Johannesburg — I had just stepped out of the shower, wrapped in a bath towel and my hair dripping, when the sound on my cell phone filled me with dread. The ringtone signalled that messages were pouring into a WhatsApp group that was usually very quiet. One glance at the screen confirmed it — “this death is going to happen exactly the way I had been hoping to avoid,” I thought before frantically starting a long flurry of calls.
The death in question was that of Robert Mugabe, the liberator-turned-despot founding father of independent Zimbabwe, where I was born and raised. As a Zimbabwean and a journalist who has been working in the region for more than 20 years, Mugabe has been a fixture of my life. I started my journalism career when he had already been in power for a decade.
The death of a major figure like Mugabe is something journalists like me prepare for, especially if the figure is getting on in years. Obituaries and angled stories prepared well in advance were dusted off and refreshed every time he went abroad for medical treatment.
I spent countless hours trying to anticipate how the news of his death would come and breathed a sigh of relief when he was unexpectedly driven from power two years ago. I had always dreaded him dying in office — in this scenario, the news of his death would probably dribble out on social media as rumors, leaving me in the nightmare position of trying to get someone from officialdom to confirm it. With him out of office, I thought, the news of his passing would surely be announced officially.
Turned out I was wrong.
While I was in that shower, our fact-checker alerted us that there were murmurs on social media that Mugabe, 95, had died in Singapore where he often went for medical treatment. By the time I stepped out of my bath, our office WhatsApp group dedicated to news of him and that had been very quiet for months, was crackling with messages like a popcorn maker. I began frantically dialling, trying to confirm the passing.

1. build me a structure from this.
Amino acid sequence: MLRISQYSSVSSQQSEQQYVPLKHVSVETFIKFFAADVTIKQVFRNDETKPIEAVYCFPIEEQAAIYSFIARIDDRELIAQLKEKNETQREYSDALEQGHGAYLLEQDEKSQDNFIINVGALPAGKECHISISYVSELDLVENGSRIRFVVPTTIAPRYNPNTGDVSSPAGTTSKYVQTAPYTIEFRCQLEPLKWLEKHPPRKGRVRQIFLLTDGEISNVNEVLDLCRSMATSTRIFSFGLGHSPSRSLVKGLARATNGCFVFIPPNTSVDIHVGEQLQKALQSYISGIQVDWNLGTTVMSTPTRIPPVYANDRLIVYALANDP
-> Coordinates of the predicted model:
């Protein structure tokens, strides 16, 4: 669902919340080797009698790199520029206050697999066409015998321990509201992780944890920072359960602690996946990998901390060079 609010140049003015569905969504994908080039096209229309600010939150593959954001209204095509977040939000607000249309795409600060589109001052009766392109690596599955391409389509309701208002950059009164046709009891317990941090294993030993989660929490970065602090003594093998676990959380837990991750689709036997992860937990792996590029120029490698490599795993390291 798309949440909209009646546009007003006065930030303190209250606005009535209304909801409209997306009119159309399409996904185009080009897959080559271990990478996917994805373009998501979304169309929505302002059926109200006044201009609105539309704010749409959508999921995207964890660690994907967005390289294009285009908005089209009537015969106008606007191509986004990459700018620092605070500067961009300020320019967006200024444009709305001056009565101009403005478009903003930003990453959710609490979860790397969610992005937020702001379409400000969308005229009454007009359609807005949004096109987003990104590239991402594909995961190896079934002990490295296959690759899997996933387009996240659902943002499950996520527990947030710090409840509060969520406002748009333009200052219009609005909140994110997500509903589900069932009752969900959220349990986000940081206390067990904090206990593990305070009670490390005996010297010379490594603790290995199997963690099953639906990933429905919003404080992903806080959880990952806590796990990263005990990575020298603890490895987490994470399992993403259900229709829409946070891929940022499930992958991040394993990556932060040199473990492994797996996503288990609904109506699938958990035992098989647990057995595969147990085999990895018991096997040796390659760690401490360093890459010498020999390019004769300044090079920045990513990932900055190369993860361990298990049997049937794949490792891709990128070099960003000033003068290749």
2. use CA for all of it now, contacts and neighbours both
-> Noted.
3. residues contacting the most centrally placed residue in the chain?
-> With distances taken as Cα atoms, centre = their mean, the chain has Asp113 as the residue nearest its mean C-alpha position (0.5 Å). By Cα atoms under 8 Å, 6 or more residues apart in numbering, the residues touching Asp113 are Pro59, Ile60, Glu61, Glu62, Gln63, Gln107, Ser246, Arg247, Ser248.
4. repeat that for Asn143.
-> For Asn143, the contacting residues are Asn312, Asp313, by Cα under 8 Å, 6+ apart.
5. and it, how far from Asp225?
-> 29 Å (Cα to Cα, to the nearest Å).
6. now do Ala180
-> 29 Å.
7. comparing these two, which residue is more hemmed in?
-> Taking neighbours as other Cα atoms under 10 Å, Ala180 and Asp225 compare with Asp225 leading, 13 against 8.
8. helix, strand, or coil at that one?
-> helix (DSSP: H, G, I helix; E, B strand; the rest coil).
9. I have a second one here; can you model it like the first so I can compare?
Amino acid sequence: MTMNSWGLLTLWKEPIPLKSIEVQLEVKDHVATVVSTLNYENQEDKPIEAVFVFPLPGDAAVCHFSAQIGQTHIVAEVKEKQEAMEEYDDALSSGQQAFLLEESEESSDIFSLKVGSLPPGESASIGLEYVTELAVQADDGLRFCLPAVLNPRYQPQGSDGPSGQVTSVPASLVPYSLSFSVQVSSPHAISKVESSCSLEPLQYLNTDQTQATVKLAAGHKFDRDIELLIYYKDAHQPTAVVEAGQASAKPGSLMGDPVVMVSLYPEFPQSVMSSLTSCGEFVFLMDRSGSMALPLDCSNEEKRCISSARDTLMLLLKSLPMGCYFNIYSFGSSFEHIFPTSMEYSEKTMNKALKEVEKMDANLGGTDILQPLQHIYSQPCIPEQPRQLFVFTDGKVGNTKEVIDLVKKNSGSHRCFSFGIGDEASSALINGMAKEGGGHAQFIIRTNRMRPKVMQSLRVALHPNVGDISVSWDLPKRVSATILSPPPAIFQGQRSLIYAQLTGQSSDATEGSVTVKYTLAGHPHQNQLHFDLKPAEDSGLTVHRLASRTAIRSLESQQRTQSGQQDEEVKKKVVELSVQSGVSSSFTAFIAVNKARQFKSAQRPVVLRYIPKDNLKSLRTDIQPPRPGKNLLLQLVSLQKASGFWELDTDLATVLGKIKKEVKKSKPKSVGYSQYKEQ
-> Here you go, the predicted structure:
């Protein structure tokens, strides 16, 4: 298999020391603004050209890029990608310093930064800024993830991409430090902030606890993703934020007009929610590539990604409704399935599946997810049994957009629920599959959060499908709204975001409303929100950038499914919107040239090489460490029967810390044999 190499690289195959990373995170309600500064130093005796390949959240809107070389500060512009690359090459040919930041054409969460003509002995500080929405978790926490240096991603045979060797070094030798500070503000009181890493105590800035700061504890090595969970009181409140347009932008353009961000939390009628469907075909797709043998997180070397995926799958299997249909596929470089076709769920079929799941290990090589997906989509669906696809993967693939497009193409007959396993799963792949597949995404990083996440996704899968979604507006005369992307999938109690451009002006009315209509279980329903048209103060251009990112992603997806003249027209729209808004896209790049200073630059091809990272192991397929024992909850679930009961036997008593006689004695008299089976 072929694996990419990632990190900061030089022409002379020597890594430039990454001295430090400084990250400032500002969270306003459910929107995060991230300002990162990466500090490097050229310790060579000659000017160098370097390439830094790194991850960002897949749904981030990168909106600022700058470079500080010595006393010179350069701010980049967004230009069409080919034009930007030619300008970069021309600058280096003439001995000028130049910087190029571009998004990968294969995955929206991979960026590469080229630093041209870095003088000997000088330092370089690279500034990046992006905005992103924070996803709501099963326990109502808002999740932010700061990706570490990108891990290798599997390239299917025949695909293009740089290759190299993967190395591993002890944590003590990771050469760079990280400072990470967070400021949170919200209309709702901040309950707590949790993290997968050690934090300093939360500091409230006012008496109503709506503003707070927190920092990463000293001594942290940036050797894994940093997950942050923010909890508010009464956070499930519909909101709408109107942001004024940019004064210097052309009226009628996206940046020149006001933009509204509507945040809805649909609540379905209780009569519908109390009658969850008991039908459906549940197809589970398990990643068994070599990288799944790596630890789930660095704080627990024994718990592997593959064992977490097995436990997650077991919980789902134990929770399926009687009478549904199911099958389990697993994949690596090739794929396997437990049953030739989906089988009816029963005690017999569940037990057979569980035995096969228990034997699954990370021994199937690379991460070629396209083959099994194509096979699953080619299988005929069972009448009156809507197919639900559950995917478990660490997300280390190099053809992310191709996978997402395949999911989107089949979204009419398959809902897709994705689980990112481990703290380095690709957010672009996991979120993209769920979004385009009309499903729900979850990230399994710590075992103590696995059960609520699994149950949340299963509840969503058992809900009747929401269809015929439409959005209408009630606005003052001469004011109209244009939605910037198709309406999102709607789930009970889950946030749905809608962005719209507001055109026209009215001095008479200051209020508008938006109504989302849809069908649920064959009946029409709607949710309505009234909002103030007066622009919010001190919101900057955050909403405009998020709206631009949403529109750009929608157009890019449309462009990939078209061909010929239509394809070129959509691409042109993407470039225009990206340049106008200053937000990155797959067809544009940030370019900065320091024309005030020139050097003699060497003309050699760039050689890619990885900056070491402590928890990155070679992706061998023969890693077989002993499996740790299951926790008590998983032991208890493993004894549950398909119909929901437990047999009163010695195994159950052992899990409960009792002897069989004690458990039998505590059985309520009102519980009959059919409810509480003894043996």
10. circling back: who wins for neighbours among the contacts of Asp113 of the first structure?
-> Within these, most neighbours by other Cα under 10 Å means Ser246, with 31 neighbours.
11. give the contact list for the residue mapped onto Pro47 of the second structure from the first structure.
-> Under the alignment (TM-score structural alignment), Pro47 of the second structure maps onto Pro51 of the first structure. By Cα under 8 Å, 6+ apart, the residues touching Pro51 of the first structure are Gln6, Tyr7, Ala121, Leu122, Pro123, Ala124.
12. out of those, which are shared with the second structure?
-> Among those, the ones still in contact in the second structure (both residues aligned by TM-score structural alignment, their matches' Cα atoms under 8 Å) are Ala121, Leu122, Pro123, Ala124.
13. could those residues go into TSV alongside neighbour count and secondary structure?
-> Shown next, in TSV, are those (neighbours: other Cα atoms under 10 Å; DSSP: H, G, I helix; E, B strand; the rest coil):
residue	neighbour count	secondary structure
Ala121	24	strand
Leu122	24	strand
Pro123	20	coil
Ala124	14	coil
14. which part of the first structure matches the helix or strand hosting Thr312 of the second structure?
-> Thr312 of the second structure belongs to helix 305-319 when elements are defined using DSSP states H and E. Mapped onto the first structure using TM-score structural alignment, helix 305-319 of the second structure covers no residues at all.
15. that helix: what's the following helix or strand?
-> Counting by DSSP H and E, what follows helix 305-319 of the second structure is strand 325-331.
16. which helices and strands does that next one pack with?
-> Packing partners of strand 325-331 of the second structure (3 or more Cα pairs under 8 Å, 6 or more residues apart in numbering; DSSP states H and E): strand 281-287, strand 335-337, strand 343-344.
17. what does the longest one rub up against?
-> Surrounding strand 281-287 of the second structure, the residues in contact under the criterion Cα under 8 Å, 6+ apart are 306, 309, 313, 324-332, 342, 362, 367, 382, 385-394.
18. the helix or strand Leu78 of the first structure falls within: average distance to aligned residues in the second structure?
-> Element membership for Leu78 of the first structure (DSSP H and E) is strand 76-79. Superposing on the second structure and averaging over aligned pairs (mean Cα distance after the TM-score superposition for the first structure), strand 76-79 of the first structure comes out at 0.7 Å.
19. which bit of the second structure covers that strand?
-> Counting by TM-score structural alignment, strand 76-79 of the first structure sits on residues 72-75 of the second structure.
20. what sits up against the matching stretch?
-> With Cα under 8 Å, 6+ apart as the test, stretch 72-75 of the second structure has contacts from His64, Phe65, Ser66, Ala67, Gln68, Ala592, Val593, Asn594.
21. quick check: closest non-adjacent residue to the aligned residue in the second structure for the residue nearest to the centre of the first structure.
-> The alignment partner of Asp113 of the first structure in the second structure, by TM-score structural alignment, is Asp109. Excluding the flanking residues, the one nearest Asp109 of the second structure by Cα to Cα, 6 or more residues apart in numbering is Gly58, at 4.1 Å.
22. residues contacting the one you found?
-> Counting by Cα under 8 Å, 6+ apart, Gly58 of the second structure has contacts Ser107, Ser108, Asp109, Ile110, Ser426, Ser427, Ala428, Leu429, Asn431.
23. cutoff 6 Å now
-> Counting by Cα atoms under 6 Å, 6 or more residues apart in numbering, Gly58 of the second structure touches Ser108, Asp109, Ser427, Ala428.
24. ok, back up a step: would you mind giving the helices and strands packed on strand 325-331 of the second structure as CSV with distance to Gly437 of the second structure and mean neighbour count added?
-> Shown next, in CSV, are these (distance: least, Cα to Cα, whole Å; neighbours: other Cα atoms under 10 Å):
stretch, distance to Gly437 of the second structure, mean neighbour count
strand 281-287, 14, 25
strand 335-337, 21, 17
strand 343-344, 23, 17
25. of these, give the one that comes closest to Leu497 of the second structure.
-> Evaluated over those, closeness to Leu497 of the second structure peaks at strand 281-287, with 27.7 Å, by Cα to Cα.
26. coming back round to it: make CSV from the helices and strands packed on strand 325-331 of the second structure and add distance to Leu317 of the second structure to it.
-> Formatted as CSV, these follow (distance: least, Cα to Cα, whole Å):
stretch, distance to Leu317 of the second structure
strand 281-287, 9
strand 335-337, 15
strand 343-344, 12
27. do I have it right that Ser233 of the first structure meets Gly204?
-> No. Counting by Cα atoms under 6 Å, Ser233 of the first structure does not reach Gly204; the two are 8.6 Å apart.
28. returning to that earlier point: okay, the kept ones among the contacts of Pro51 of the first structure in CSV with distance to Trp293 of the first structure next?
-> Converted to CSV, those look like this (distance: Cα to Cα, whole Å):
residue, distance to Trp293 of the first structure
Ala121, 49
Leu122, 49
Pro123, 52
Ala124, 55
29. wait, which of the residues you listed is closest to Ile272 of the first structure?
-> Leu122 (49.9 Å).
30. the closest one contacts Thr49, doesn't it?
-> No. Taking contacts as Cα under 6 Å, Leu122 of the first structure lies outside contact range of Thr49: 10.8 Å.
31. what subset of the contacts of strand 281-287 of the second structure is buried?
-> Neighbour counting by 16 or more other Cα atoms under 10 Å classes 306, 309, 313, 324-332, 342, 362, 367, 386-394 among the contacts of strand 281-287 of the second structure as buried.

I got through to two of his close associates, who told me that he was dead, but refused to go on the record. You can’t announce someone’s death based on unnamed sources, so I kept trying. In between the phone calls and texts to officials and his family, and calls from the editor on duty in Paris, my colleague who was already in the bureau saw the tweet from Mugabe’s successor, announcing the news.
The story was out. I could finally leave my house and got to the office, beating the Johannesburg morning rush traffic. As I prepared to fly to Harare, I was struck by the fact that there was hardly any public reaction back home to the death. Aside messages of condolences from prominent faces and tweets from some individual Zimbabweans, no-one seemed to publicly mourn the passing of the founding father of independent Zimbabwe.
Maybe too early, I thought.
I landed in Harare early evening. The city was going about its business as if nothing had happened. Supermarkets, bars and nightclubs were open, I got stuck in the early evening traffic gridlocks of downtown Harare while driving from the airport. There was no outpouring of emotion on the main streets of the capital. State TV ran programmes devoted to him, but other TV programming went ahead as scheduled.
Tomorrow, I thought to myself. Tomorrow I’ll find some outpouring of grief… or relief…. or something.
The next day I walked around the streets for hours, but the only sign that I could see that there had been a death of a prominent person was the flags that flew at half mast. No-one — not even top government officials –seemed to have cancelled their planned Saturday parties or weddings. It was business as usual.
The majority of Zimbabweans — who are bearing the brunt of Mugabe’s economic legacy that saw one of Africa’s most prosperous countries dive into ruin — were too busy with the daily grind of trying to put food on the table. One of the many people I spoke to said he’d be happy to toast to the death but was too broke to afford even a pint of beer, let alone champagne.